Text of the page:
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Geoffrey Goodman

Too many truths

British Journalism Review
Vol. 10, No. 2, 1999

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Contents - Vol 10, No. 2, 1999

Editorial - Too many truths

Cal McCrystal - The sub-secret underworld of the D-Notice business

Richard Keeble - A Balkan birthday for NATO

  The war in the Balkans has been a revelation. Amid all the confusion, the grim uneasiness, the sheer human horror and profound uncertainty about what we were doing and why and where do we go now – amid all this there has been some remarkable, even outstanding journalism in many sections of the British media. It is not the case, as some of the more frenetic of radical critics have claimed, that truth is again the first casualty. Not so. On the whole truth has not been savagely mauled.

To be sure there are exceptions: we need not bother to identify them because they have been, and still are, grotesquely obvious. But if we compare the quality of the journalism in this conflict with some of the other more recent wars – Desert Storm, the Falklands, Suez and certainly the Korean war – then we must conclude that we have not been badly served despite what Richard Keeble suggests in his article (see page 16).

The real problem is that there are so many truths. There is NATO truth; there is Clinton truth; there is Blair truth; there is Kosovan truth; Albanian truth, Montenegrin truth, Greek truth and, you bet, Serbian truth as well. Try being an objective (not by any means neutral but just objective) writer trapped within these mismatching voices and you will quickly discard the trite label of a single absolute truth. That is the only context in which to judge the effectiveness of John Simpson's courageous and subtle reporting from Belgrade under such difficulties.

Maybe too much fuss was made about the "Downing street spokesperson" who criticised Simpson for being "pro-Serb". It was a silly, unguarded, perhaps even flip remark; but whoever was responsible for the whispering campaign against Simpson, frankly, it made little serious impact. Nobody in officialdom – as far as we know – actually tried to pressure the BBC into bringing him back. So it is worth reflecting on the significance of this both in terms of the way we now cover war and, indeed, about the nature of modern warfare itself. Everything has changed.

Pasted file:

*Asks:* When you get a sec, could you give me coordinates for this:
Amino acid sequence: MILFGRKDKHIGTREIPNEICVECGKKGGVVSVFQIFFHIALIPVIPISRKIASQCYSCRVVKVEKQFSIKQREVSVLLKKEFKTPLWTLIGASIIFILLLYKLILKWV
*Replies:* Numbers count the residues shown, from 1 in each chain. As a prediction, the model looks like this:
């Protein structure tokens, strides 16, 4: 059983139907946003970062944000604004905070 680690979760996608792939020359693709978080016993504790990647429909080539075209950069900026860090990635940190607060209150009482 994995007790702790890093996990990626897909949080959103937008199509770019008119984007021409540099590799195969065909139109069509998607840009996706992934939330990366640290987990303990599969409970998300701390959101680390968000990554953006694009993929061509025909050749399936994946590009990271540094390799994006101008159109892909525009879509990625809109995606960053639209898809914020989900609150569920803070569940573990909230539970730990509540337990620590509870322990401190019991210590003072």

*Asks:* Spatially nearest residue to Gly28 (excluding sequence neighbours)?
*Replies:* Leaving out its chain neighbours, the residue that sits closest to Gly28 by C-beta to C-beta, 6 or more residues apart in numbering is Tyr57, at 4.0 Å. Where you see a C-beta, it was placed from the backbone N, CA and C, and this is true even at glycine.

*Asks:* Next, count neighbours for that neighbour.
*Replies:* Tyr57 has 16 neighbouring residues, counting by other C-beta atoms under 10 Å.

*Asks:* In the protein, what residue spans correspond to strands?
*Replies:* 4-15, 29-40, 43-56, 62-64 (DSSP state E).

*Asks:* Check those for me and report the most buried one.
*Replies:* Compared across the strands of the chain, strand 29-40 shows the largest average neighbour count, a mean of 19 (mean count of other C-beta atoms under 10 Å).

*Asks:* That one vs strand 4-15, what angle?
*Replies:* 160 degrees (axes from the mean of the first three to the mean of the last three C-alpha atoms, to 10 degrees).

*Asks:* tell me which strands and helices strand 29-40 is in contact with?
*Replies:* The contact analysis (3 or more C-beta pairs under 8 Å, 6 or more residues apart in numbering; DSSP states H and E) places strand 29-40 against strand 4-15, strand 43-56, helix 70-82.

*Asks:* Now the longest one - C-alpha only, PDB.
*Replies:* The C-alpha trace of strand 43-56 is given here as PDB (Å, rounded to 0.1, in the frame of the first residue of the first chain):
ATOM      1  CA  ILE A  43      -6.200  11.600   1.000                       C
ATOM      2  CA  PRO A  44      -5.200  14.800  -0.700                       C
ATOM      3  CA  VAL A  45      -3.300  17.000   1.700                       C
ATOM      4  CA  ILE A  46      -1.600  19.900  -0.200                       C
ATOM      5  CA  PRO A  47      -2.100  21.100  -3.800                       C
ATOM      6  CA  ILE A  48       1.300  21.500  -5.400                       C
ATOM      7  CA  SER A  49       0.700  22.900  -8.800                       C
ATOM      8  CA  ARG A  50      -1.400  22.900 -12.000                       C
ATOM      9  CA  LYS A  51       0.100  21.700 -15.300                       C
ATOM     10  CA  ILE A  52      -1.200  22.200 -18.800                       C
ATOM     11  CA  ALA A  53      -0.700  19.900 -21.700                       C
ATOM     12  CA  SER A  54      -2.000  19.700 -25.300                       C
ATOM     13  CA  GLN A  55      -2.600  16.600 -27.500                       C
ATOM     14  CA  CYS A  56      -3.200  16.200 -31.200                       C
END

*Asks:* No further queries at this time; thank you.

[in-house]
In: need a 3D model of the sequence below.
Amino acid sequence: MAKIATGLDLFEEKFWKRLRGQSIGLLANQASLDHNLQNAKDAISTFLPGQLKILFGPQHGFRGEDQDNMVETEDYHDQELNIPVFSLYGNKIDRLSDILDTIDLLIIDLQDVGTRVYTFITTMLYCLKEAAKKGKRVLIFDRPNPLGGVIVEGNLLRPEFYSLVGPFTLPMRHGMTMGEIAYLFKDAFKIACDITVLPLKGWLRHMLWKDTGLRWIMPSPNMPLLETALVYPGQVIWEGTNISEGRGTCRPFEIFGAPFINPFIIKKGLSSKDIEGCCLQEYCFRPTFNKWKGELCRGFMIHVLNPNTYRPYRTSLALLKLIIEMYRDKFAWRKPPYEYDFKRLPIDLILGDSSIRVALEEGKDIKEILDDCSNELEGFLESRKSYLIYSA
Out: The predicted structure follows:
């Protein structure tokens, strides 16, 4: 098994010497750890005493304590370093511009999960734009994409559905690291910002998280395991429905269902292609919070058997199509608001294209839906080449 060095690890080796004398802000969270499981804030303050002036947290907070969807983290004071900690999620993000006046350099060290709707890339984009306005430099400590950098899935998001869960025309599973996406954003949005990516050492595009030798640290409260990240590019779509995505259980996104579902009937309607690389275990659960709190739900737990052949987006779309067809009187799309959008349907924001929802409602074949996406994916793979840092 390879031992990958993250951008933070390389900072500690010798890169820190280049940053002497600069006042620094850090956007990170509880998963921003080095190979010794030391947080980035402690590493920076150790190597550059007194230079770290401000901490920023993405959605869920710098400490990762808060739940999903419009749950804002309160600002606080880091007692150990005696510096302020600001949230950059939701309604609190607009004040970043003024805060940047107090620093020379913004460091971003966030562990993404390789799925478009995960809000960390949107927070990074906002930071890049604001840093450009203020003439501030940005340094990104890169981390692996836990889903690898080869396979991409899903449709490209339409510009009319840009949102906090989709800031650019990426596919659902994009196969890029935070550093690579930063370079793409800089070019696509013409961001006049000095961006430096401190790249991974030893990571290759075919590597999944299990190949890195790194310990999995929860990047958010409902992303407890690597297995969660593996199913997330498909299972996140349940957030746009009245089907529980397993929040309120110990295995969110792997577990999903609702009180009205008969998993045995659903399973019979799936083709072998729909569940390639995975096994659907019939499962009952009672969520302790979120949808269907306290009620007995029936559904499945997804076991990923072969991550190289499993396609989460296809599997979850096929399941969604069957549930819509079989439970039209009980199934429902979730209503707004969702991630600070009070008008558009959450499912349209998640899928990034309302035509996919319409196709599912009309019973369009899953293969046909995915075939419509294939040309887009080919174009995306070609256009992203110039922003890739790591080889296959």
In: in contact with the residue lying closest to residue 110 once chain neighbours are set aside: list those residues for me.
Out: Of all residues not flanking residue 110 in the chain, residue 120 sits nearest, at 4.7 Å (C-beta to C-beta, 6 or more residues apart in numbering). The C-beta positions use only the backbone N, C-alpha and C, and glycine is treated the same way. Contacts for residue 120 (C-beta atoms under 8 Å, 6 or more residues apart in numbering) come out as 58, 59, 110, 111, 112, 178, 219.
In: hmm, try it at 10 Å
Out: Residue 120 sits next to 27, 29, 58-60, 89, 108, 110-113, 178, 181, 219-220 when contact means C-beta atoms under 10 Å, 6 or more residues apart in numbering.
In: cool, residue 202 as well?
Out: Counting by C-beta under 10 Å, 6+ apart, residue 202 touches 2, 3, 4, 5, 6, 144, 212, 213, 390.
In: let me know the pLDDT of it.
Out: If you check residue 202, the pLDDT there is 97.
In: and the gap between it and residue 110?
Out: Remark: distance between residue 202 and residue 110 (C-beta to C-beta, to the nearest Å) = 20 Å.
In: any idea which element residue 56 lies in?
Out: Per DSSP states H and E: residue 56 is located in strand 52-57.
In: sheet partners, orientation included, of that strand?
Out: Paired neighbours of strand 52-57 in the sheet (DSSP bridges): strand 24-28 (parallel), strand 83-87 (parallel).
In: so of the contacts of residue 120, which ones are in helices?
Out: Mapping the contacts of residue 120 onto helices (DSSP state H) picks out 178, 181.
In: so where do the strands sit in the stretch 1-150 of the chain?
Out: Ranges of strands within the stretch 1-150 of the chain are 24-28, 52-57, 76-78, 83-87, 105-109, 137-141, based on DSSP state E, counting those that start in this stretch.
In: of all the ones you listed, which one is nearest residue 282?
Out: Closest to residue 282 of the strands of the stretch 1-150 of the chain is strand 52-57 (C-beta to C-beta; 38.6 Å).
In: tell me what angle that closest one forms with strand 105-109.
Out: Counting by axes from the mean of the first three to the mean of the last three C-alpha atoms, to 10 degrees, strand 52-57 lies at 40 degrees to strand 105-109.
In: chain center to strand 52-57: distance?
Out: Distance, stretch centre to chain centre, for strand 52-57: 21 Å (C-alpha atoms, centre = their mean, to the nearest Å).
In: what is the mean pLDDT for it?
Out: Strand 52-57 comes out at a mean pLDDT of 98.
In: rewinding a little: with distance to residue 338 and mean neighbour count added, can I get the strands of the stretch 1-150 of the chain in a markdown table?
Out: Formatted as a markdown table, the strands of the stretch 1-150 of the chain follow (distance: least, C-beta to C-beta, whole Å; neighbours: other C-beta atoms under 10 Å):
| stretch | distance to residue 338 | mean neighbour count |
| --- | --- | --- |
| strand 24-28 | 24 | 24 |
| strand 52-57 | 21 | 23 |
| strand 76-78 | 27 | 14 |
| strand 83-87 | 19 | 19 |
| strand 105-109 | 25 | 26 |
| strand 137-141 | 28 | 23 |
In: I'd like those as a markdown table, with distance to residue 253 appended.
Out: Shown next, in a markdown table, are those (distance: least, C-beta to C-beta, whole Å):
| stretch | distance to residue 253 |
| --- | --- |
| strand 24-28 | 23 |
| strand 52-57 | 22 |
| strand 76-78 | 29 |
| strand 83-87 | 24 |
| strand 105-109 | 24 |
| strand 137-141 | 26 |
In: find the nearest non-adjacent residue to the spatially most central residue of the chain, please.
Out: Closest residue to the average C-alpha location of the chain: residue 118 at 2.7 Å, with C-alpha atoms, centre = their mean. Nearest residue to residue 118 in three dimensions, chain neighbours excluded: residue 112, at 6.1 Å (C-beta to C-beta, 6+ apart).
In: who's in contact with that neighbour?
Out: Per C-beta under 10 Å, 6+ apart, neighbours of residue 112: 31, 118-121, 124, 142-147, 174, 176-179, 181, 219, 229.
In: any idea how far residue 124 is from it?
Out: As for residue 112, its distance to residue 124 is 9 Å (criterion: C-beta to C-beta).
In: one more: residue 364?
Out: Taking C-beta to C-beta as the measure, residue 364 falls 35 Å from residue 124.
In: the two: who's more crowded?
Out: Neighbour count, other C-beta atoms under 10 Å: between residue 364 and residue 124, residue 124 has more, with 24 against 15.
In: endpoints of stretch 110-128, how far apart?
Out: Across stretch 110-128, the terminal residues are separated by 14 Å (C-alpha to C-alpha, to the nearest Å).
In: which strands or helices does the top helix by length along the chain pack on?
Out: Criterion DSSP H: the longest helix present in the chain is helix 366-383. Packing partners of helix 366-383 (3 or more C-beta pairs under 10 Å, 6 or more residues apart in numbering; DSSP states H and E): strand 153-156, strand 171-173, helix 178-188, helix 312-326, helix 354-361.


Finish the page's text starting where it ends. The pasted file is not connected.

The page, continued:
Can you imagine a BBC correspondent remaining at his, or her, post in Berlin after the sirens went on September 3 1939? True, Chamberlain did declare war and neither Blair nor Clinton bothered to do the same. But one begins to wonder whether that matters anymore in terms of modern warfare. Clinical cynicism now seems to be the order of the day.

Can you imagine the Attlee Government, at the time of the Korean war, giving any form of approval to Alan Winnington of the then British Communist paper Daily Worker who was writing his pieces from the North Korean side along with the Australian journalist Wilfred Burchett who was filing pieces for French newspapers as well as the Australian press. Both were providing the scene from "the other side" – somewhat akin to what John Simpson has been doing from Belgrade. Indeed the Government withdrew Winnington's British passport at the time.

Remember too how the incomparable James Cameron was sacked, or forced to resign, from Picture Post when that then famous weekly magazine refused to print his searing critique of American tactics in the Korean war? In the Suez campaign there was powerful dissent against the Eden Government's conspiracy against truth. Great national newspapers attacked the Eden Government Suez policy – News Chronicle, Daily Mirror, The Observer, The Manchester Guardian, (The Guardian from 1961) and all lost circulation as a result of their "treachery" (Eden's supporters' description). But they recovered and enhanced their reputations as outstanding examples of democratic journalism.

We forget just how often truth HAS been the first causality.


There was also that extraordinary parallel to Belgrade during the Gulf War when Peter Arnett created a global reputation for himself and his television network, CNN, with remarkable war dispatches from Baghdad as the missiles rained down. John Simpson was there too, of course. It is interesting, by the by, that Arnett who was awarded a Pulitzer Prize for his Vietnam war reporting, was refused an assignment in Kosovo by his CNN employers. He now plans to leave the network.